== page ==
Scholar in the spotlight - Ritwika Mitra
Ritwika Mitra has swapped the fast-paced world of Indian journalism in Delhi for the slightly slower pace of postgraduate study in Birmingham, moving to the UK to pursue an MA in International Relations (Gender) at the University of Birmingham.
Ritwika is keen to immerse herself in UK journalism, and develop her critical perspective on gender issues through her studies, so she can use this in her reporting when she returns to India at the end of her course. She’s already enjoying putting the world to rights in late night discussions with her fellow Birmingham-based Cheveners!
We caught up with Ritwika at Orientation back in October to ask her about herself and her life before Chevening...
Chevening: Congratulations on being selected for a Chevening Scholarship. How did you find the application process and how did you feel when you were selected to be a Chevening Scholar?
Ritwika Mitra: The Chevening application process was quite exhilarating. The questions helped me to examine my own thoughts and feelings, to find out if I was really prepared to take up an intense academic course.
I was euphoric when I received the conditional offer. But the unconditional offer letter brought relief. The months preceding the final award letter also taught me to be patient.
Chevening: Tell us about your work as a journalist in your country before you came to the UK.
RW: I primarily covered health and social welfare development beats in the national capital, Delhi. Reporting gave me a great grounding in journalism, helping me connect with the grass roots and build long-term relationships with my sources.
The journalistic experiences helped me bring anecdotes to my application on why I wanted to engage with the Chevening community. With Chevening being a leadership-focused scholarship scheme, the reporting experiences also aided me in realising my strengths and weaknesses as a leader. There were times when I faltered in carrying out my responsibilities as a team member which I mentioned in the application. I think my journalistic experiences also taught me to be transparent and write an honest application where I mapped out my failures too.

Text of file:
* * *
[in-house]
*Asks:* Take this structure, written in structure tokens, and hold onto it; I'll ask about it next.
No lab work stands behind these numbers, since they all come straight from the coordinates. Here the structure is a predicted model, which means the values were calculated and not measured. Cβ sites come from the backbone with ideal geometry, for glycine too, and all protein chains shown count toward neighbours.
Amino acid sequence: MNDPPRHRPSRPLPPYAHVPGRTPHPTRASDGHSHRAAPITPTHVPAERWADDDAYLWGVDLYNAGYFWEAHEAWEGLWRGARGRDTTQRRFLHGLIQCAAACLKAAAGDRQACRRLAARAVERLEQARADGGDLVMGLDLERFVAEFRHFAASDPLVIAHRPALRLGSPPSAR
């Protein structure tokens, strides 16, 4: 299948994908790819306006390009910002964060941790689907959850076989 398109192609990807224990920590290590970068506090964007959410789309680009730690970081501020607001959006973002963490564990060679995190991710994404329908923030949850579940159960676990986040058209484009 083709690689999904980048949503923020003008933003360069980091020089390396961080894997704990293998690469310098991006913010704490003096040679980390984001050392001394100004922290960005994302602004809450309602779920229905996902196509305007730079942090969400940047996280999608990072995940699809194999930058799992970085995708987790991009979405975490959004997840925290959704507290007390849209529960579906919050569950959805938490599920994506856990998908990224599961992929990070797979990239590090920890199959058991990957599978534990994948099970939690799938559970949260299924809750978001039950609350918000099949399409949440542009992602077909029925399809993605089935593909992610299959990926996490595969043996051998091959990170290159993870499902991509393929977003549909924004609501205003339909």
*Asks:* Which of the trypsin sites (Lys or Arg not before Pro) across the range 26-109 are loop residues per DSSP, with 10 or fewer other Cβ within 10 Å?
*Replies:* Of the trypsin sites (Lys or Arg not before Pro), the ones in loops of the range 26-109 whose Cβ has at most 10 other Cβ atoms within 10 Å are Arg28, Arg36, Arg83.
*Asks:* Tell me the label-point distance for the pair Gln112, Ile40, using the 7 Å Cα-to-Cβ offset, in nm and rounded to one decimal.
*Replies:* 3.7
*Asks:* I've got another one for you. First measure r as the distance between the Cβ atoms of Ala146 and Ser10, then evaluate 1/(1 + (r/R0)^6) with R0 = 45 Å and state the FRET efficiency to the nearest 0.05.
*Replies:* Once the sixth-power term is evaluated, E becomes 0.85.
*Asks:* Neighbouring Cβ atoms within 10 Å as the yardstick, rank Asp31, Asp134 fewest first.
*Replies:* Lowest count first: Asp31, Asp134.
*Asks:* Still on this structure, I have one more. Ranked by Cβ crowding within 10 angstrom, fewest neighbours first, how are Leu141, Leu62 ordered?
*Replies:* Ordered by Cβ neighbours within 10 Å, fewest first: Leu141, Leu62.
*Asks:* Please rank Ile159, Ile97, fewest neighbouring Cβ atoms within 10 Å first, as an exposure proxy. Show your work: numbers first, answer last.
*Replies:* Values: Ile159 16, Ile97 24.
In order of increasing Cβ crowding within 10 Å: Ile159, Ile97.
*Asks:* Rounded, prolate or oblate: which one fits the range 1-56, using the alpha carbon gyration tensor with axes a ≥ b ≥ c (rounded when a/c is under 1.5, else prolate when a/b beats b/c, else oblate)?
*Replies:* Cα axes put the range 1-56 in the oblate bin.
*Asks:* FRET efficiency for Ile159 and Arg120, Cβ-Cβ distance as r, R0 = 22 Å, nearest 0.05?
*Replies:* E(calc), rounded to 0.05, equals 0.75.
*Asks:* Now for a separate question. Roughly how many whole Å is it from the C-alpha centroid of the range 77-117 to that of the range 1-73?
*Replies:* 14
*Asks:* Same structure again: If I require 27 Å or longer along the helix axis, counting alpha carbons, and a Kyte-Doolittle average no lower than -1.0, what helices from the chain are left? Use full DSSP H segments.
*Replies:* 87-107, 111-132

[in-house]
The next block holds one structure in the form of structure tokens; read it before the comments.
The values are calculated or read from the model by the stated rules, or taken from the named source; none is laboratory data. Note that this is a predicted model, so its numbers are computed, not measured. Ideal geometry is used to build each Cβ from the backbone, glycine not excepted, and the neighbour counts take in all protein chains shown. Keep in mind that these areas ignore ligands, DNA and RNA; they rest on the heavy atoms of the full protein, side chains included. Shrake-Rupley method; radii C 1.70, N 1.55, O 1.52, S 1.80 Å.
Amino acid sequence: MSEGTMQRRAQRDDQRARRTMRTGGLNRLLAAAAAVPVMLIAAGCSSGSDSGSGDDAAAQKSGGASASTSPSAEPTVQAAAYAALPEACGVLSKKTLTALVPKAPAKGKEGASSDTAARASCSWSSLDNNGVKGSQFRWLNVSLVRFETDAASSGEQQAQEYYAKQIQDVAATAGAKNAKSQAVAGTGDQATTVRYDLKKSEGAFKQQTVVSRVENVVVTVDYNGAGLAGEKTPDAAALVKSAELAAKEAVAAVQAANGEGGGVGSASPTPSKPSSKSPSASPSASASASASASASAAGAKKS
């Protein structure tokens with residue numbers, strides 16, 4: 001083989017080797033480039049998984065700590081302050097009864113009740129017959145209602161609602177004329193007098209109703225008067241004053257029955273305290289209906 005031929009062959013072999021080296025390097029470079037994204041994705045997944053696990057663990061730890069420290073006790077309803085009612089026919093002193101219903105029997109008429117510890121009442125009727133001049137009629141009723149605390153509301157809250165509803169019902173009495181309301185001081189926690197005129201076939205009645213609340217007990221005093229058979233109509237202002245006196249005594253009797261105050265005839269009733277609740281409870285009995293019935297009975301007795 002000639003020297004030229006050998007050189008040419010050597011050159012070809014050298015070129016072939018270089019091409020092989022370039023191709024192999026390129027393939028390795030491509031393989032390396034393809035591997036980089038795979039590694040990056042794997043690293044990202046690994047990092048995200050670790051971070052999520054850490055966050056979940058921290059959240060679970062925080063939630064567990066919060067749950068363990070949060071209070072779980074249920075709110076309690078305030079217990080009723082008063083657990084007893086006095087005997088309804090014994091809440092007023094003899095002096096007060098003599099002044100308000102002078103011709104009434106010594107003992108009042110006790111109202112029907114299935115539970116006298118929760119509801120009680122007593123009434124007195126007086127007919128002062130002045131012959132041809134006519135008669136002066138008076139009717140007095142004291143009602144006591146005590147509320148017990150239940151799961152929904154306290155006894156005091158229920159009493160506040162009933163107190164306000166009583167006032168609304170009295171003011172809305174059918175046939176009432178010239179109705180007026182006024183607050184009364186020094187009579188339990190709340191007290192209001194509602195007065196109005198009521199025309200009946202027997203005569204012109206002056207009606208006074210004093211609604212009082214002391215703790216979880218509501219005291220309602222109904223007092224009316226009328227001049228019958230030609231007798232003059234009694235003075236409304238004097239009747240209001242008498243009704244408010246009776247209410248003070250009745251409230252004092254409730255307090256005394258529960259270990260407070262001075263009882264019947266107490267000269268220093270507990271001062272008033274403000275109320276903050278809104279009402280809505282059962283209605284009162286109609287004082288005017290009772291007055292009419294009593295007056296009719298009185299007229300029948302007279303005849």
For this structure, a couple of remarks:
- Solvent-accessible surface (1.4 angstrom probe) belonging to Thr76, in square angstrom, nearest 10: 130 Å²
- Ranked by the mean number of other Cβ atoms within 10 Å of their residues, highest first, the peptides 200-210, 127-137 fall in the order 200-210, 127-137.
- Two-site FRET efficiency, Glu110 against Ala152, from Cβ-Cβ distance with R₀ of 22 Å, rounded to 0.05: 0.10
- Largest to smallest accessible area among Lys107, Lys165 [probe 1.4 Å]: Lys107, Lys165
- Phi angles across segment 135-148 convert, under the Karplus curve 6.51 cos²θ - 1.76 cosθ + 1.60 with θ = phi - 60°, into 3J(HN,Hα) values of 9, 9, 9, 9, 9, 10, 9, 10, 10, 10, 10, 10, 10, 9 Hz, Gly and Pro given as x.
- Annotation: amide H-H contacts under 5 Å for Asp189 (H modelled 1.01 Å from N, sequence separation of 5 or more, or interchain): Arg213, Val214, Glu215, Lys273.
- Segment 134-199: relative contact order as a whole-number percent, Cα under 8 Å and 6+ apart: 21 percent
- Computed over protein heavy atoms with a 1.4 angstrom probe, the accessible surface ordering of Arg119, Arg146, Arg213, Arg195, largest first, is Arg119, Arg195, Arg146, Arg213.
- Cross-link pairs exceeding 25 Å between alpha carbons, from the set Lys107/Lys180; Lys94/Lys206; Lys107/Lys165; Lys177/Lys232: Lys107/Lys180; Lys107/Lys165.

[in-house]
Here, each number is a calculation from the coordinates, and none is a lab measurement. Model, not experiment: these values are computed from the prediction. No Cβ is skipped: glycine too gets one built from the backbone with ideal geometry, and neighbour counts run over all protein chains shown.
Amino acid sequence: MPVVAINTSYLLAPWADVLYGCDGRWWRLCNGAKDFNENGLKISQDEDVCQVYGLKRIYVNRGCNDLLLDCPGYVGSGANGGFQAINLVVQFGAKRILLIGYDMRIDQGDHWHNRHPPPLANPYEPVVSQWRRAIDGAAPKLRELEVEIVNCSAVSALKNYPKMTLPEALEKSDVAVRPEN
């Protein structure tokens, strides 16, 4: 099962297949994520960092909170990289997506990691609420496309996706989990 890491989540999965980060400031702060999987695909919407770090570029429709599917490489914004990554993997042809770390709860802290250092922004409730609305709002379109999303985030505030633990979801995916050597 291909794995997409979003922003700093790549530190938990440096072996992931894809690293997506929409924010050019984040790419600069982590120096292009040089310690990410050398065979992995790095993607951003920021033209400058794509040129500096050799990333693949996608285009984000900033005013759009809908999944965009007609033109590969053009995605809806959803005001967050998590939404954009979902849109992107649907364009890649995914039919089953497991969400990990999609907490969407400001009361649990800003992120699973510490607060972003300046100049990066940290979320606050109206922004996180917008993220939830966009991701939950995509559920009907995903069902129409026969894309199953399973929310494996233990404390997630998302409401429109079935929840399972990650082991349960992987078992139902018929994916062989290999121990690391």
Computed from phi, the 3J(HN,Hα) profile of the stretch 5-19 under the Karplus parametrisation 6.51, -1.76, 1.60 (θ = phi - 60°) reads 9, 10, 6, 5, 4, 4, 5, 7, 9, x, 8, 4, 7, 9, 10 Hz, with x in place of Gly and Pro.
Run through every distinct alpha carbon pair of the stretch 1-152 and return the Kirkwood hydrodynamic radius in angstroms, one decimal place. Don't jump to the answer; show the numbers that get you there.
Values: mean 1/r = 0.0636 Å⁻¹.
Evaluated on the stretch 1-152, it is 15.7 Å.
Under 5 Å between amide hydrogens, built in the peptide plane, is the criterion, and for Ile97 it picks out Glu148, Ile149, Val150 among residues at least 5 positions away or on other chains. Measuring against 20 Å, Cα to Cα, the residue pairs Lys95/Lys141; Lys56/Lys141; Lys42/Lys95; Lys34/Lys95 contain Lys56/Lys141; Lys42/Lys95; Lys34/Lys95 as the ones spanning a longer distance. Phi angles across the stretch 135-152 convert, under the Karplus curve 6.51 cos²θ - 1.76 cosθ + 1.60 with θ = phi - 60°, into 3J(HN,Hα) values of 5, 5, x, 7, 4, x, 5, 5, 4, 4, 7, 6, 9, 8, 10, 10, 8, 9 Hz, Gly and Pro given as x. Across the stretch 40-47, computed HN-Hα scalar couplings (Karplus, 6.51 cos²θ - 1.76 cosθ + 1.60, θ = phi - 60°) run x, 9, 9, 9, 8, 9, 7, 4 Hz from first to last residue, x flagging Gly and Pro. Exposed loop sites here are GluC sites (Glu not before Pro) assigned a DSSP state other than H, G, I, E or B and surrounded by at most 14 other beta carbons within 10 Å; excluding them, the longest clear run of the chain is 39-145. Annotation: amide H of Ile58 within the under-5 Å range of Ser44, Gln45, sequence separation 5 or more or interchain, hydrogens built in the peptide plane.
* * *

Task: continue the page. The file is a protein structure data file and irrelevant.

What course are you studying and why did you choose this university or course?
I am studying International Relations (Gender) at the University of Birmingham. I want to move to report on issues with a critical gender lens and I also want to bring more depth to my work. I think an intensive course which contextualises gender in the global scenario would give me a better understanding when I resume reporting in my country. However, I am aware of the challenges that I will face in connecting theory with reality in India.
Why did you apply to leave your home country and to study in the UK with a Chevening Scholarship?
Studying in a multicultural environment was one of my primary objectives. The Chevening Scholarship would also put me in a pool with people from across different countries and professional backgrounds. I am not only drawing from the academic resources here, but also from the daily interaction with other Chevening Scholars. The discussions with this cohort of people are always stimulating and extend till late hours in the community kitchen or library café.
How are you settling into life at your university?
It has been good so far. I am beginning to get used to the volume of work on the course which I initially found difficult to cope with.
Tell us about your hobbies and interests outside of study.
I like reading fiction and going to the theatre. I hope I will have ample time to pursue both beside my study and travelling in the UK.
What are you hoping to achieve during your time in the UK?
I want to intern with a national daily newspaper in the UK. This will not only boost my professional career but give me an enriching experience of an international newsroom. I want to sharpen my ethical reporting skills by working with a newspaper here.
What do you plan to do when you return to your country after finishing your Chevening Award? How will you put to use what you’ve learned in the UK in your own country?
I want to resume reporting. Ideally, I want to engage in long-form journalism which gives me the scope to work on a story for a longer time and also helps me critically analyse the topic. As I mentioned earlier, I think there will be several challenges in applying academic discourse to the fieldwork. But I feel I will look at issues with a more mature understanding of the subject after intensive reading as part of my course.
Where will you be in 20 years’ time?
This may sound too ambitious but I would like to start a magazine which published long-form journalism, working with a great team of colleagues.